Word of the day: Trenchant, vigorous or incisive in expression or style.
Another long day, mixing the worst types of walking – starting with an hour and a half of road walk, then sandwiching in 23k of beach walk, to finish with a bit more road walk. The highlight of the first road walk was passing a Four Square where we could buy lunch. The low point of the first road walk was finding that the Four Square, like the rest of Southland it seems, has yet to discover vegetarian sandwich options. Even the slice we bought for morning tea had beef fat in it, which I noticed after I ate it, to my dismay. This was surprising, given that Southland’s signature dish is the cheese roll, a culinary delight I fail to understand the enthusiasm for, since all it consists of is grated cheese wrapped in white bread.
We reached Oreti Beach after walking down an access road with every imaginable type of sports club – not only the usual golf, rugby, surf lifesaving and clay shooting but also sled dogs. Once on the beach we faced the full force of the famed Southland weather – brutal southwesterlies topped off with rain showers. We couldn’t really see where we were going, or where we had come from, not that it mattered as it all looked the same. We almost reduced a SOBO TA walker to tears by telling him he had another hour of beach walking to go. I could sympathise- when Tony told me some hours later that we still had eight kilometres to go, this triggered trenchant exclamations of horror from me, but there was nothing for it. The ear buds were reinserted and on we went.
The highlight of the beach walk was crossing the Waimatuku Stream, not because this was a pleasant experience but merely because it was a change from the monotony. The crossing can be difficult at high tide, and we were there just after high tide. Hence, my underwear got wet. Fortunately, I’d heeded the description from the horrified SOBO walker, who’d crossed holding his pack over his head, and I’d removed my shorts, saving them from an undesirable washing. This isn’t the first time I’ve crossed a river in my underwear and I doubt it will be my last, but I hope it is the last TA stream crossing on a beach. The stream has eaten away the dunes and swallowed up a 4WD track – maybe one day it will wash away the burnt out upside down car further up on the beach, and the innumerable beer bottles.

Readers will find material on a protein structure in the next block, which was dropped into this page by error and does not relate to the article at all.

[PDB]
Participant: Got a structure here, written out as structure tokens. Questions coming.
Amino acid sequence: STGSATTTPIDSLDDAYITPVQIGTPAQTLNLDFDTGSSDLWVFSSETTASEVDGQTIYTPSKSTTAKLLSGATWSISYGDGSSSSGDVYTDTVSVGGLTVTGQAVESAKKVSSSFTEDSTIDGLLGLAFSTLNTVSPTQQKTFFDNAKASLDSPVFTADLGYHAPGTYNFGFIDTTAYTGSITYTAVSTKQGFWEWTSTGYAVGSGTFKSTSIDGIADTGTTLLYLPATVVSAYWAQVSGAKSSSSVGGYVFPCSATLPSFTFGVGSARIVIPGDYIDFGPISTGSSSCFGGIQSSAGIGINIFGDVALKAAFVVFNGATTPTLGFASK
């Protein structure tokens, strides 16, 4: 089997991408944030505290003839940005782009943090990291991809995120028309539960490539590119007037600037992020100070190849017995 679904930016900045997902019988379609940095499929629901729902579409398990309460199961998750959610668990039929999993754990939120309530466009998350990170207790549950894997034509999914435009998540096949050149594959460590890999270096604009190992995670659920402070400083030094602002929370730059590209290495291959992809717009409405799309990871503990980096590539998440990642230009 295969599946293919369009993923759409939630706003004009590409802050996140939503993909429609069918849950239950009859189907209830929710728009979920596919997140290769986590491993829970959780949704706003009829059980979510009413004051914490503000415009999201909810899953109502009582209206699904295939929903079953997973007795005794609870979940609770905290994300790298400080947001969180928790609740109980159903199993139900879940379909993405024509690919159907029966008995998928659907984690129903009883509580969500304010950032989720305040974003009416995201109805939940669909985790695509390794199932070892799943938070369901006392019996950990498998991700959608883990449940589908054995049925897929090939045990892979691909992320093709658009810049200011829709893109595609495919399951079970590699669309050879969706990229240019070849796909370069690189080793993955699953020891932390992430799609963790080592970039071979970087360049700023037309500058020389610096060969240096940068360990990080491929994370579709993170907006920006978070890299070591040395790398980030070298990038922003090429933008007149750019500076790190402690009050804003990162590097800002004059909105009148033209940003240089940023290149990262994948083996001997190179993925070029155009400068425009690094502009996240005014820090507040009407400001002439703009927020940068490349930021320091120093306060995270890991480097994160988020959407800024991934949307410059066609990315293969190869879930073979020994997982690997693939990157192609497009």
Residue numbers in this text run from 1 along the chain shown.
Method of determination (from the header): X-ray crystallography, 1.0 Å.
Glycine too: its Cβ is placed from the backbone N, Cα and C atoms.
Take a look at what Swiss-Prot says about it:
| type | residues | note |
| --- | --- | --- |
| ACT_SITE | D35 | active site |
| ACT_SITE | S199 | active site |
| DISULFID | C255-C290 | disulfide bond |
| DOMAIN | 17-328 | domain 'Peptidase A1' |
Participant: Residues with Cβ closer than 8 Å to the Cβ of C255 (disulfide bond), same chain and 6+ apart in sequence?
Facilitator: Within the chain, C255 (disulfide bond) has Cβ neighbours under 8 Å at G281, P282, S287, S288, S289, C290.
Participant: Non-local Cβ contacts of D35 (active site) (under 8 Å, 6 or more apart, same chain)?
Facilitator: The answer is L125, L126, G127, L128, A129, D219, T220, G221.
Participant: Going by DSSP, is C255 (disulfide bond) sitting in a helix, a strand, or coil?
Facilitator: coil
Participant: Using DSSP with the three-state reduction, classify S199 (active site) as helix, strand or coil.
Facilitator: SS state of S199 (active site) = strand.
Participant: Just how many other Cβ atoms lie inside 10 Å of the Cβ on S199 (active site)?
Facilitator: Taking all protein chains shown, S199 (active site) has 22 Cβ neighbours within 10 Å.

The highlight of the final road walk was passing a gas station and finding that it sold ice creams. This was the only food it sold but that was entirely sufficient. We stayed at Riverton campground in the most enormous caravan I’ve ever been in – it was called the Mammoth. Within the Mammoth we prepared the first dehydrated dinner of the South Island. It was delicious.
Podcasts of the day: The podcasts really were the highlight of the journey. I listened to an interview with Sister Helen Preheat, author of the book Dead Man Walking (made into an excellent movie starring Susan Sarandon); a documentary about terrible and dangerous housing conditions in earthquake-prone Bucharest (which was concerning as i have a sister living in Romania); and a dive into the Sandy Hook Elementary School shooting and how one father of a boy murdered in this massacre fought back against the conspiracy theorists who claimed this was a hoax. What a blessing to have such compelling radio to listen to (and for free).
Firm statement of the day: When Tony started speculating on what he’d do differently next time he walked the Te Araroa, I assured him that in any future expedition along Oreti Beach, one thing would definitely be different – I would not be there.